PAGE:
Jamie Goode, Wine Anorak: One of the distinctive things about his approach is the long élevage he gives his wines. The village Chablis gets 18 months minimum before bottling, while the premiers crus get 34 months. “To arrive at transparency you have to wait,” says Thomas.
William Kelley, Wine Advocate, “Subtle improvements have brought evermore precision and elegance. They’re undeniably delicious, indeed thrilling, in their alliance of texture and saline nuance.”
Neal Martin, “One of the most exciting vignerons in Chablis. I am constantly ordering them off restaurant lists.”
Domaine Pattes Loup is one of the most exciting estates to emerge from Chablis in recent years (Pattes Loup means “wolf paws”). Thomas Pico started his tiny estate in Courgis in 2005, just outside of the village of Chablis, under the wings of his friends and fellow organic Chablisiens, Alice and Olivier de Moor. He inherited 2.4 hectares of vines from his family’s estate, which historically produced correct, but uninspiring wines. Motivated to take a qualitative leap in a new direction, and against the wishes of his father, Thomas immediately began a program of strict yield control and a conversion to organic viticulture. This is a rarity in Chablis and a feat of extreme diligence in this often inhospitable vinegrowing region.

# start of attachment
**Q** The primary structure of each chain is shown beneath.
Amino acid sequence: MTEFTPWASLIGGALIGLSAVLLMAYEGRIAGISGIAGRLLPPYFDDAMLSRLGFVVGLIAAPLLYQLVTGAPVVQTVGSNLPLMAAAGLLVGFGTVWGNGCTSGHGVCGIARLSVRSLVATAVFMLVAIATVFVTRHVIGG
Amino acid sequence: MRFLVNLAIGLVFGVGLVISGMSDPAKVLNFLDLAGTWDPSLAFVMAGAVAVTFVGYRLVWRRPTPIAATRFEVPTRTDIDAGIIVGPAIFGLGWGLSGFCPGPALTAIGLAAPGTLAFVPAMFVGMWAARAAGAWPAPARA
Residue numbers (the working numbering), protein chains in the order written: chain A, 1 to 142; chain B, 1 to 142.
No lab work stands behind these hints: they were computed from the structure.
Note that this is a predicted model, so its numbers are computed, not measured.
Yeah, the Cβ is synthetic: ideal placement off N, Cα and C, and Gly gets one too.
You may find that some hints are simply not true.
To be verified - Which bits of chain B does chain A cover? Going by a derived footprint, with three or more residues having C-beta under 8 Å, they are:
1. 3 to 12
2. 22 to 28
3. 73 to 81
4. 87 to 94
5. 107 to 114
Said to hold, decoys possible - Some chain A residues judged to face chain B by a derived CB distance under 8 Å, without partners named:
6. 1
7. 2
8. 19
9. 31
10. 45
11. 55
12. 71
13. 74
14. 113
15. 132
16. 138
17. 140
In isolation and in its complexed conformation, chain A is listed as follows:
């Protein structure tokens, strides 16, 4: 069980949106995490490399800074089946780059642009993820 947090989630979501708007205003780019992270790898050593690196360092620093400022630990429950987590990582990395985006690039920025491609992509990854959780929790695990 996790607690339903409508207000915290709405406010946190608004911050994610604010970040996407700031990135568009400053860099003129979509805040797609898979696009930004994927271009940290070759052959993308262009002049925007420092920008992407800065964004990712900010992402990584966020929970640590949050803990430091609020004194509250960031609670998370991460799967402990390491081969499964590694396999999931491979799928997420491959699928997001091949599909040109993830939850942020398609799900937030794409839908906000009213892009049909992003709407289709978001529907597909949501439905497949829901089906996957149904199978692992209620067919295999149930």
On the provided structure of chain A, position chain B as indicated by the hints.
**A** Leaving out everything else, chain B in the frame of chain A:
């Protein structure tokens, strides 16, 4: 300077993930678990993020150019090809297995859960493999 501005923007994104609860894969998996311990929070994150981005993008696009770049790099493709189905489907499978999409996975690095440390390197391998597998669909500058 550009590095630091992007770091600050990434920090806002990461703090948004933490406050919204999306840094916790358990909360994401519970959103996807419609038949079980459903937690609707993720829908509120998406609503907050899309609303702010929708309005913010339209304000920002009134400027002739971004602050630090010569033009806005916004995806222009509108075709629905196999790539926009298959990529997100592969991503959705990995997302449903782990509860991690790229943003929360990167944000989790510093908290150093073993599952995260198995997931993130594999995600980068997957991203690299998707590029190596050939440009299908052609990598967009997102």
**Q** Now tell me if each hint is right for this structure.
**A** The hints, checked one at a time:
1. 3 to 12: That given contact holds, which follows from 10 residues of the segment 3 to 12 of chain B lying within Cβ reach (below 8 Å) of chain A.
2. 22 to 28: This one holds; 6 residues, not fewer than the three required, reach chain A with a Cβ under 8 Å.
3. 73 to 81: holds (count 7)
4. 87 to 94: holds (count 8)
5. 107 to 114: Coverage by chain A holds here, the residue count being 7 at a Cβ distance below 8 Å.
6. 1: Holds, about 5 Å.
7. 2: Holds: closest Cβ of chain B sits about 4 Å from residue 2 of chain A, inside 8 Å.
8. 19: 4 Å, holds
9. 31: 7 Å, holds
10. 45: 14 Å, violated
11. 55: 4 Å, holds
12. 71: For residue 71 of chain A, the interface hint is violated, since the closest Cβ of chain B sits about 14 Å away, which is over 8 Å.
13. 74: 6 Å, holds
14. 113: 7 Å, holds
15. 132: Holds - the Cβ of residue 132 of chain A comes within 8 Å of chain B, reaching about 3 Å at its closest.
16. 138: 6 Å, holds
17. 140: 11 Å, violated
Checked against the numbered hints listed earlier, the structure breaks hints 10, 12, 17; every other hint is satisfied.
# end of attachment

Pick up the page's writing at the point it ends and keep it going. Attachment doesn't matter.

For a young winemaker, Pico is wise beyond his years. His drive and passion to express the soul and spirit of his land reminds of icons like Anselme Selosse. These wines are the essence of “Chablis”, but not only in their briny minerality. There is a sense of vitality to the wines, and a textured density that can only come from dedicated work in the vineyards and transparent winemaking.
In the Vineyard
Progressively, Pico has taken over more and more of his father’s vines. Today, the estate comprises 15 hectares of vineyards, all carefully and organically farmed. Fortunately, most of Pico’s vines are selection massale planted by his grandfather on the hillsides near Courgis and Preys, the two highest altitude villages in the appellation, with vineyards up to 300 meters in elevation. He is also experimenting with a rotation of cover crops to both protect against erosion, increase water retention, and increase microorganisms in his soils.
In the Winery
Another distinguishing factor is Pico’s commitment to hand-harvesting, followed by hand sorting of any imperfect berries on a vibrating triage table at the winery. He ferments all wines using indigenous yeasts, does a minimum 14-16 month élévage, sometimes longer depending on the cuvées and vintages, and he bottles without fining and filtration. His AC Chablis from 55+ year old vines and up to 40% of the juice is fermented in concrete eggs with the balance in stainless steel. The Premier Crus of Côte de Jouan, Beauregard and Butteaux (from within Montmains) are from hillside vineyards between 30 and 55 years old, and are all raised in older oak.
Where in the World is Domaine Pattes Loup?
The Chablis governing body has an excellent interactive map that allows you to find producers and vineyards, zoom in and explore.